CHROs are typically excellent communicators with strong people skills, qualities essential for both internal and external stakeholder management. They have a deep understanding of the laws; know how to attract, develop and retain their human capital; are experienced in managing change and driving transformation; and are accustomed to dealing with ambiguous and complex problems. Unfortunately, many organizations still treat HR departments as admin custodians and caretakers of office housework.

2. Establish hybrid HR career development.

From my conversations with many business leaders, I found out that finance, sales or brand marketing functions tend to have the most robust career development and succession planning system in place. Team members take professional courses and certifications during their careers and rotate assignments frequently. High potential talents are identified early and assigned mentors and career sponsors to develop their C-level skills.

Look at the HR department in some organizations. What you may find is a short-staffed team that must defend its yearly budget. These employees likely have longer tenure in roles mostly built within the HR function, rarely any business-related role rotations and no clear training/development program to accelerate C-level executive skills. I remember being criticized by colleagues when I took short detours from my HR career to do broadening assignments in branding and supply chain management. Yet, those experiences were invaluable. For companies looking to disrupt the traditional ways of developing potential CEOs, invest and sponsor your HR leaders.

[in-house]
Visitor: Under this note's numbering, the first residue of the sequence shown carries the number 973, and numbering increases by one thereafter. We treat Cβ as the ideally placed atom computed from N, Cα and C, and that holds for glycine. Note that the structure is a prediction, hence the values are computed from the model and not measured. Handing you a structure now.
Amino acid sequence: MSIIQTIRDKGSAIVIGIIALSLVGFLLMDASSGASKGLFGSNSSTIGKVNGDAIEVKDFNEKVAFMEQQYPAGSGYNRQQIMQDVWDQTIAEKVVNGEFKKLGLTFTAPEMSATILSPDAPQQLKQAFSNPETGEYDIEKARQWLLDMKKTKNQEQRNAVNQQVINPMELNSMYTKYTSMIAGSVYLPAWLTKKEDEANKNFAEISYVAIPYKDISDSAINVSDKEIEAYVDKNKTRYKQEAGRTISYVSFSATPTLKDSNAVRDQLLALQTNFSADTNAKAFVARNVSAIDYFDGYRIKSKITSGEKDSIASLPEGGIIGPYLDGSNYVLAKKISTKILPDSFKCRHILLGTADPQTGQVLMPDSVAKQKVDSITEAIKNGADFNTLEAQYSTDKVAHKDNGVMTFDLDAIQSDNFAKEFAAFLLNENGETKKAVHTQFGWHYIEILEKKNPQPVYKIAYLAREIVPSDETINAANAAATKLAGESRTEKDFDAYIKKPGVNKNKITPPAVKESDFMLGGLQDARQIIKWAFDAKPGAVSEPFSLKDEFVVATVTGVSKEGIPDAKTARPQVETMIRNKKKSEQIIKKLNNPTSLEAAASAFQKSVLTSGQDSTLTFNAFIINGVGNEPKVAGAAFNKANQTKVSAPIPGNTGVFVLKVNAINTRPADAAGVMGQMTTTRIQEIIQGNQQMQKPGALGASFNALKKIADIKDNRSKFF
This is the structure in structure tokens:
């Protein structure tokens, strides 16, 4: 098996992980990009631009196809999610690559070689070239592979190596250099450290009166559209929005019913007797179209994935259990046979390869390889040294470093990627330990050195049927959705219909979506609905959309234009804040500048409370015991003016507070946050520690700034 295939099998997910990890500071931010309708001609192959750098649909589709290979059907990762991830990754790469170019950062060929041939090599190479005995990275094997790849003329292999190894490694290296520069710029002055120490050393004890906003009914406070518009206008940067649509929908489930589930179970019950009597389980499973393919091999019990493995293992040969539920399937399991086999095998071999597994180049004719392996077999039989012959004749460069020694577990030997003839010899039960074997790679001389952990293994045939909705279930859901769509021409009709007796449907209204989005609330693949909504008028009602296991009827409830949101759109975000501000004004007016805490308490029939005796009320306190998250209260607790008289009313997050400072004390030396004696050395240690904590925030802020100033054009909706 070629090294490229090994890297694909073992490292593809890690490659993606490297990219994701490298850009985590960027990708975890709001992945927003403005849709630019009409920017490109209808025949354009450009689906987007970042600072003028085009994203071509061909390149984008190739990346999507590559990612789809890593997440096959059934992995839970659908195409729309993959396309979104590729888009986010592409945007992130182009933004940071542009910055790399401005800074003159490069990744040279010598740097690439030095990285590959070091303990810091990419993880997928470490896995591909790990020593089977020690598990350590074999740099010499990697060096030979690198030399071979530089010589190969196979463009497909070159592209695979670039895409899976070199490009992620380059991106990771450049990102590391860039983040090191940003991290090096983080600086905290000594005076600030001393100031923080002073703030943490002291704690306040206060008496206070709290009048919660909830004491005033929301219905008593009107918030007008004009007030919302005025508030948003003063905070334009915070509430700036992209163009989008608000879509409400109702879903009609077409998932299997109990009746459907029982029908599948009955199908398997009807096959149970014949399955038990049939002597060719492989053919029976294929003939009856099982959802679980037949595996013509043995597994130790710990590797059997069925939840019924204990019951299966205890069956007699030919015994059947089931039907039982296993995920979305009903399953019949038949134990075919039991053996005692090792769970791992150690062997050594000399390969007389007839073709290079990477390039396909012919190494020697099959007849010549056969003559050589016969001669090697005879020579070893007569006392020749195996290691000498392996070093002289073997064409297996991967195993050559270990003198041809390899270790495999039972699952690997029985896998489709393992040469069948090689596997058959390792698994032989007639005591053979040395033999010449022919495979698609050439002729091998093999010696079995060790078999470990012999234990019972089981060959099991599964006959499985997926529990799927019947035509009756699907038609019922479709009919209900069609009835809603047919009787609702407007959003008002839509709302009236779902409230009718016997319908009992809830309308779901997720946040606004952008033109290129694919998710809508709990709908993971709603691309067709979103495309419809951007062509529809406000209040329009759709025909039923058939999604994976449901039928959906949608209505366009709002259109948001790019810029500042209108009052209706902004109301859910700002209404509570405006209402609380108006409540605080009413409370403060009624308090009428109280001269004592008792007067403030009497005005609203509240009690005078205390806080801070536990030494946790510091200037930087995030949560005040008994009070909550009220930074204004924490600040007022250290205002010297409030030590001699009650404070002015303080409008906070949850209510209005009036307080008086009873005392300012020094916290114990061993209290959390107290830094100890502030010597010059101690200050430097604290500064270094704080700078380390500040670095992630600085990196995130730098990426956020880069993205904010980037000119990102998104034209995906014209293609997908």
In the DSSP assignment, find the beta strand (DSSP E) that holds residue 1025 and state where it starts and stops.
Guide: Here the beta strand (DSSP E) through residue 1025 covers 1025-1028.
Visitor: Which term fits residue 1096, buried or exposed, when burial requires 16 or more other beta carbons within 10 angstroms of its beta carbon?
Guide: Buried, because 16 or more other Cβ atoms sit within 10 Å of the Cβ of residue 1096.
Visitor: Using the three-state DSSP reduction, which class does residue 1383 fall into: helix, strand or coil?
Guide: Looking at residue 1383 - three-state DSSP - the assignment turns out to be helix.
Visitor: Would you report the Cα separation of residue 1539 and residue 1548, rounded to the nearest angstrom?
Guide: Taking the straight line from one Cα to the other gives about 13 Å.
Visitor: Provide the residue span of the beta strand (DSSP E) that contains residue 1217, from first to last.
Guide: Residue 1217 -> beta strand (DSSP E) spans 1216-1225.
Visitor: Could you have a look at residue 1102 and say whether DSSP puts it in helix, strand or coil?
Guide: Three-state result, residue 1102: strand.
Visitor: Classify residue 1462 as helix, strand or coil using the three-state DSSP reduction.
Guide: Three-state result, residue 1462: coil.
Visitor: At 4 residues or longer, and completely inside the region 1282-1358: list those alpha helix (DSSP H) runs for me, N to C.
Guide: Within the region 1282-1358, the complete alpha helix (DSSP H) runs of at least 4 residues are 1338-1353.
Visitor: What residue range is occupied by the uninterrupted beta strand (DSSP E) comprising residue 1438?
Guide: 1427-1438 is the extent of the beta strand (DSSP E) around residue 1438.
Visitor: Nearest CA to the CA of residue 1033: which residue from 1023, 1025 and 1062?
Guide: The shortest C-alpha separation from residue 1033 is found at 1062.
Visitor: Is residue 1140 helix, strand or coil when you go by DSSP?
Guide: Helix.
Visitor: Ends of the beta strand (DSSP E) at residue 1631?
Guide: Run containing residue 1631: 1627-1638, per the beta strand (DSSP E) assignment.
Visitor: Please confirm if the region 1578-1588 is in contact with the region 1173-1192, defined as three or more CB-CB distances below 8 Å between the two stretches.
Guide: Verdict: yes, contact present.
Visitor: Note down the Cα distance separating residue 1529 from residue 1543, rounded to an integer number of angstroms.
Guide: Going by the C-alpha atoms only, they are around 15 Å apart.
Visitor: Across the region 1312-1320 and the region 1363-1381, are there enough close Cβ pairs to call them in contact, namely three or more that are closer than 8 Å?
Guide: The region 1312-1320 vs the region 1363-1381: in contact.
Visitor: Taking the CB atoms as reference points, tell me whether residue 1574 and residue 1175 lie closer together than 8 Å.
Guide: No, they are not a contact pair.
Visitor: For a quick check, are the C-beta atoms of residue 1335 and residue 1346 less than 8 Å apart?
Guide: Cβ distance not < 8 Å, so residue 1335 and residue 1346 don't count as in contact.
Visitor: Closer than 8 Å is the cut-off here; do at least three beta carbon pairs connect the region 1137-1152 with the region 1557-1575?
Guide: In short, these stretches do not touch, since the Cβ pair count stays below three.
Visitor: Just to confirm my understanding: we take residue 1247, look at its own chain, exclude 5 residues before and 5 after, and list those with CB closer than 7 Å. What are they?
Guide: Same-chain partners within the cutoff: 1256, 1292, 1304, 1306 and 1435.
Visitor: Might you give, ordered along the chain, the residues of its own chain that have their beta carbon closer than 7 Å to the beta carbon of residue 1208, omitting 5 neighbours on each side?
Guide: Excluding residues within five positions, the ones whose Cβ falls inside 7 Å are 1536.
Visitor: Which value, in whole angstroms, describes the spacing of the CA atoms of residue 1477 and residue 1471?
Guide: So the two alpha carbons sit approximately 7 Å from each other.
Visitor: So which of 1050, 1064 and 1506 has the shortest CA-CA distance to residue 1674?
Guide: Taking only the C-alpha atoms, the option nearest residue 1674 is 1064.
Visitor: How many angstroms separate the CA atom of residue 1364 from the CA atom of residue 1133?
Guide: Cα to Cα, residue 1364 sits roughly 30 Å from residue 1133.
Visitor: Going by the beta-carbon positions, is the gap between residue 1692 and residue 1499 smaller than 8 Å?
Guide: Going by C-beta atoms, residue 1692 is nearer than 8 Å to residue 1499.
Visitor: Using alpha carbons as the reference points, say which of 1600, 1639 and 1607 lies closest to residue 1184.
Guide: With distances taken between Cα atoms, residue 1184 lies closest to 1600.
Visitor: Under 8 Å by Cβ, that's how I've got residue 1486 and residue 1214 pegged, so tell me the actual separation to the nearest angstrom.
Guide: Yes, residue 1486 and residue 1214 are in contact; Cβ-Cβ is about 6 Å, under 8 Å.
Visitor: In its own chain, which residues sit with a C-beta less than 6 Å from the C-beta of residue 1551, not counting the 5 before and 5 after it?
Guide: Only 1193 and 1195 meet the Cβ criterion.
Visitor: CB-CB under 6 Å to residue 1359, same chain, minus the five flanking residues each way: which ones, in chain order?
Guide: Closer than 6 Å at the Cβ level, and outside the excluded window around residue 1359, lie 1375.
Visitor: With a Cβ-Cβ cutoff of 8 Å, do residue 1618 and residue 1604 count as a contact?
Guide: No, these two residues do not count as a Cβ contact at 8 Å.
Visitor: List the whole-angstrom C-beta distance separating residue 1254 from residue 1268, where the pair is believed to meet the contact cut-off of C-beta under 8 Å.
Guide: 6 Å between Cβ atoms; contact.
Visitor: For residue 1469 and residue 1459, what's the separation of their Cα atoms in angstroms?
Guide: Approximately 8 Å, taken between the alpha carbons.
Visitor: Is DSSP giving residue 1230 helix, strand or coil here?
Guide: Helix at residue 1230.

3. Develop a solid succession management strategy.

A robust succession planning process identifies future business needs, critical skills and roles, and potential leaders to fill those roles. Companies should no longer apply a one-size-fits-all approach to succession planning. Be more innovative and flexible to find the right candidates instead of simply promoting the next in line. Employees are demanding better treatment at work, non-toxic environments and a sense of purpose. Companies that outlast others will be run by leaders who have a good balance of business and people skills.

4. Plan before you need to.